Chris McKhool still has many questions about how the federal government will support Canadian artists in the latest update to the COVID-19 emergency benefits program — but for now he’s trying to stay focused on the music.
The violinist in Sultans of String, a three-time Juno nominated act, has spent the past several weeks in a holding position as he wondered if accepting live streaming performance spots that paid a couple hundred bucks might disqualify him from the Canada Emergency Response Benefit (CERB).
He got a somewhat clearer answer on Wednesday after Prime Minister Justin Trudeau expanded the reach of CERB to include support for people who are still working, but earning $1,000 or less per month, meaning McKhool could start accepting those gigs with confidence.
“I can still be an artist because of this, that’s how I feel,” McKhool said.
“It’s a huge burden lifted off me, that I don’t have to worry about whether or not I can be performing.”
But he’s still unclear on the specifics around getting paid, including whether the Canada Revenue Agency will claw back more of his earnings than anticipated in the future. Similar questions have echoed across Facebook groups dedicated to musicians and others in the creative community.
Like many workers in the gig economy, an artist’s income can fluctuate wildly. Much of a performer’s income is driven by unexpected opportunities, delayed payments and quarterly royalty cheques, all which can be a challenge to predict even in a regular economy.
A statement provided to The Canadian Press by the office of Heritage Minister Steven Guilbeault on Thursday offered some clarity on questions around royalties for artistic works — anything from songs to photographs — saying there’s no cap on royalty payments for works produced by artists before March 1, but that copyrighted works produced after that period would apply to the CERB guidelines.
Several weeks ago, McKhool and his band watched the bottom fall out of their spring plans when Sultans of String was forced to cancel their North American tour as concert venues closed down. Their latest album “Refuge” was so close to its March release date that it was nearly impossible to retreat on a $20,000 publicity budget that was already in motion, so it was released into a world distracted by a viral pandemic.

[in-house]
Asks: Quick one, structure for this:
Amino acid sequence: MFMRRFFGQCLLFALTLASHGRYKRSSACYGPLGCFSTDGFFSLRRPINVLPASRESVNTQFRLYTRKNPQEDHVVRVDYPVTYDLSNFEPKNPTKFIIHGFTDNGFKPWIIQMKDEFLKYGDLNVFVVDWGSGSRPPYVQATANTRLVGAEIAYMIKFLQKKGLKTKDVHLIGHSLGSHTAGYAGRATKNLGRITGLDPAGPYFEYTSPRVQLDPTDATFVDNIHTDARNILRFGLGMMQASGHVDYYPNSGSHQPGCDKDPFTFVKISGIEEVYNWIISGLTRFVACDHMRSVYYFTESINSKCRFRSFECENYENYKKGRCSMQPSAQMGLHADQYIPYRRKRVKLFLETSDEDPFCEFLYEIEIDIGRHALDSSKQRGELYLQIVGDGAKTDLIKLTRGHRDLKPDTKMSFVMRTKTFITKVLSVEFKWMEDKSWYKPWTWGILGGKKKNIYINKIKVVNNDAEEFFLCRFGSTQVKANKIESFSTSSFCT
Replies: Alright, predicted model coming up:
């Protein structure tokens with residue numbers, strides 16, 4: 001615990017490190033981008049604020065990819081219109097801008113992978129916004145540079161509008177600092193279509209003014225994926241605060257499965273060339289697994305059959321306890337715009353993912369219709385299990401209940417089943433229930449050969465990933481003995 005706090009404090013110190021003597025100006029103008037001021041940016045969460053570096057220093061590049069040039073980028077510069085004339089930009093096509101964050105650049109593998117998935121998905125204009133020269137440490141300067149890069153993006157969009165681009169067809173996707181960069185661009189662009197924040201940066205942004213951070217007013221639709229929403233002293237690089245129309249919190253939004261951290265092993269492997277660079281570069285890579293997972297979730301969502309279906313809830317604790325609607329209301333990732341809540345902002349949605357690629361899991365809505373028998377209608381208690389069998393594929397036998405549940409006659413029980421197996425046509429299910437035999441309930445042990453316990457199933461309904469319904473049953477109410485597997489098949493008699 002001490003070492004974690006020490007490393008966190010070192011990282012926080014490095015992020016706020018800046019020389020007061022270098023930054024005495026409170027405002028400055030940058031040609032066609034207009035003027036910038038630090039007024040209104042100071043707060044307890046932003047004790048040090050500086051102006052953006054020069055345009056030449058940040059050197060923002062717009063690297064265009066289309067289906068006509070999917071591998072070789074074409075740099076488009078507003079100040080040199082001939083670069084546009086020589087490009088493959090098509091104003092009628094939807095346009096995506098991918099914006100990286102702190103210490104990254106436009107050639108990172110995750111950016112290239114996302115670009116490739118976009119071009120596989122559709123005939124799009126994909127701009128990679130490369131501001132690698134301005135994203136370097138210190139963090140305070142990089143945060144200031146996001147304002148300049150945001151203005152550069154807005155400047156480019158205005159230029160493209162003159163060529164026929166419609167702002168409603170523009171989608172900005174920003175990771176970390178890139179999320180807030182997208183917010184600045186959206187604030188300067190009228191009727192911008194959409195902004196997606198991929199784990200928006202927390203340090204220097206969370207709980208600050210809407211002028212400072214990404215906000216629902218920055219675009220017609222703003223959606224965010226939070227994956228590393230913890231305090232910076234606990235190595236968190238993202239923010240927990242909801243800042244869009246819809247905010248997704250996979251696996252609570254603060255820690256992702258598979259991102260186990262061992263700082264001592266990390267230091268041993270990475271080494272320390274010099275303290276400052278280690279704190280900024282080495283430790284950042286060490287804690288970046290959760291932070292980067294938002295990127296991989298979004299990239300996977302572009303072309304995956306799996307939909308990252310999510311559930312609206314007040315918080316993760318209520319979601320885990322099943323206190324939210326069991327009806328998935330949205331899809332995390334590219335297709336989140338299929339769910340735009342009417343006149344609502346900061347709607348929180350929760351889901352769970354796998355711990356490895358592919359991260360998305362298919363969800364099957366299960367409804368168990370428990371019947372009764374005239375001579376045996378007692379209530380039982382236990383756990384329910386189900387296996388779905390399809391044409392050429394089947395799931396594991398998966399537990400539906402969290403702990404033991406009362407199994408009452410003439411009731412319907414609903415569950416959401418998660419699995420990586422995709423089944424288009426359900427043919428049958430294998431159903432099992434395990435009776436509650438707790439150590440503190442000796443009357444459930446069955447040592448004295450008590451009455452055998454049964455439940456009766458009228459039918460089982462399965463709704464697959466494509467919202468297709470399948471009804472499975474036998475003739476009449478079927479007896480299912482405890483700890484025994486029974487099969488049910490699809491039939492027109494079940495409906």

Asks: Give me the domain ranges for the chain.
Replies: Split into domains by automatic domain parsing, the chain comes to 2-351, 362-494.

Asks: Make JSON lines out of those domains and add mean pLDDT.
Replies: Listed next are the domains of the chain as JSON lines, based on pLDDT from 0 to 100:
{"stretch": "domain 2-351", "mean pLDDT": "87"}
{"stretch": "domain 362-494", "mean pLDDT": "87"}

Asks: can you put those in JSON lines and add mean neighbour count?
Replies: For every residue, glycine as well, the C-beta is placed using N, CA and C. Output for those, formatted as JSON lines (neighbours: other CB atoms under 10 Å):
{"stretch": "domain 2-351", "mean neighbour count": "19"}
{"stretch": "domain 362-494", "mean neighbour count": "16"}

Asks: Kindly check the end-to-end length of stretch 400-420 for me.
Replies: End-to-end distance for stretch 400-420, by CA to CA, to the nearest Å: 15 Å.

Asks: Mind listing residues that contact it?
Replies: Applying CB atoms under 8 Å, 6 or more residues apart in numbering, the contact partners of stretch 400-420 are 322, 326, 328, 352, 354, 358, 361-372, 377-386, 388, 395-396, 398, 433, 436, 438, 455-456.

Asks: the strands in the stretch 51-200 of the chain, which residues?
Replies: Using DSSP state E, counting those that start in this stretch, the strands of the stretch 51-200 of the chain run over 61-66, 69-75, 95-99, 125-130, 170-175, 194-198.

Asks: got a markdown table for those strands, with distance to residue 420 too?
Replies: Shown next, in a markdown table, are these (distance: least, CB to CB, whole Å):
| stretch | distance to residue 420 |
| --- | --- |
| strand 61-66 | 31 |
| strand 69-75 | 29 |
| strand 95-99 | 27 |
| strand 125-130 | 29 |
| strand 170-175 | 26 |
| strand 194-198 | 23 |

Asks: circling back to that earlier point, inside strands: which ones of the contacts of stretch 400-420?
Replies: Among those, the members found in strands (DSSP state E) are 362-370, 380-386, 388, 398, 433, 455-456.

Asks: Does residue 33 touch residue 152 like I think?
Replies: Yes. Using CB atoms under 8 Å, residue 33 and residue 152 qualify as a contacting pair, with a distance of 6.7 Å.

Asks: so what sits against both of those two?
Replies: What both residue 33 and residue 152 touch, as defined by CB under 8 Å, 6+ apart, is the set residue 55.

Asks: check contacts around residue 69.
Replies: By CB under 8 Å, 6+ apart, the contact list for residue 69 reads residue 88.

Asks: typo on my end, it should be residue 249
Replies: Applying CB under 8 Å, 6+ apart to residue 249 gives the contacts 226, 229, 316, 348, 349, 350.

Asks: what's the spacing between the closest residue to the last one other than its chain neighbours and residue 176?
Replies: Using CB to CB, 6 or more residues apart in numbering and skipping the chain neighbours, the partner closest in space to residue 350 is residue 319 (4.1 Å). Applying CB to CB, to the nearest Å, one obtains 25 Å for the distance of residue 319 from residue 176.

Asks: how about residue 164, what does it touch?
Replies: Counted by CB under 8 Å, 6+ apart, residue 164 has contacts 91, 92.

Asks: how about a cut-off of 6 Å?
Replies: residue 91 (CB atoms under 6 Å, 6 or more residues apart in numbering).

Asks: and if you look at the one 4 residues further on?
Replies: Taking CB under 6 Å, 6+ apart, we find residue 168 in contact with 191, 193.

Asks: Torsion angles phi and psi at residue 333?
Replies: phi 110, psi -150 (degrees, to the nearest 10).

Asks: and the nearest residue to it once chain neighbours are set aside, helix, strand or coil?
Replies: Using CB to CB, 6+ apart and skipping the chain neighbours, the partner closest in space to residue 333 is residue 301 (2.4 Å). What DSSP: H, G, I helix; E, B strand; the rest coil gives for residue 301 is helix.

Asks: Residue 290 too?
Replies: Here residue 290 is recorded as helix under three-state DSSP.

“Having it all cancelled meant that we went from a deficit position to completely decimating the finances of the band,” he said.
McKhool said qualifying under revisions to the CERB is the closest he has to restarting his music career at this point.
He’s booked a live streaming gig on Monday, playing alongside his wife and daughter, as part of Toronto’s City Hall Live Facebook concert series. Later, he’ll be part of the National Arts Centre’s #CanadaPerforms series, which pays musicians to play live events online.
Other similar initiatives have been popping up across the country in recent weeks, including MusicTogether which supports Ontario musicians looking for work through a combination of funding by sponsors and the province, and another series of paid performances arranged by the Hamilton Arts Council. Those gigs will generally range from $250 for regionally supported events to $1,000 for the NAC spots.
In British Columbia, the provincial government has arranged grants of $500 for emerging artists and $2,000 for established musicians that support live streaming, songwriting and professional development programs.
Dina Koutsouflakis, a Juno-nominated singer-songwriter who performs under the name Storry, is among the musicians hoping Trudeau’s expanded CERB qualifications won’t complicate her income from prior to the arrival of COVID-19 — which has only recently been deposited into her bank account.
In early March, she did a number of live concerts to promote her debut album “CH III: The Come Up,” but the money wasn’t paid to her until late March. She turned to her accountant for advice on that, and whether accepting virtual tips from viewers on her social media performances would affect her CERB amount.
“He was like, ‘Basically, the lines are not really clear right now, and so everyone’s going to have to deal with it either next year or whenever this whole thing blows over, and then people can do their taxes again normally,’” she said.
“Personally I’m just trying to stay creative, and I’m hoping that Canada Revenue is going to be logical and understanding that every situation is nuanced, and we may all need different kinds of assistance.”
Jean-Paul De Roover, a singer-songwriter based in Thunder Bay, Ont., wonders if, as life returns to a certain degree of normalcy and taxes are paid next year, many artists may find themselves backed into a financial corner they didn’t anticipate.
De Roover wonders how those surprises could scar the finances of musicians. He works as a studio engineer on the side, and doesn’t expect any artists to book time in the coming months. Beyond that, some health-care professionals and politicians say there’s a possibility that live concerts and festivals won’t return until late 2021.
“It puts a whole shift on how artists of any kind really are going to be able to earn a living from here on out,” he said.
“There’s the potential of people having to completely redefine, recreate and rebuild their identities because everything they’ve known to be entrusted in terms of being able to survive is likely fleeting at this point.”
“There’s lots of questions and unfortunately not enough answers,” he added.
David Friend, The Canadian Press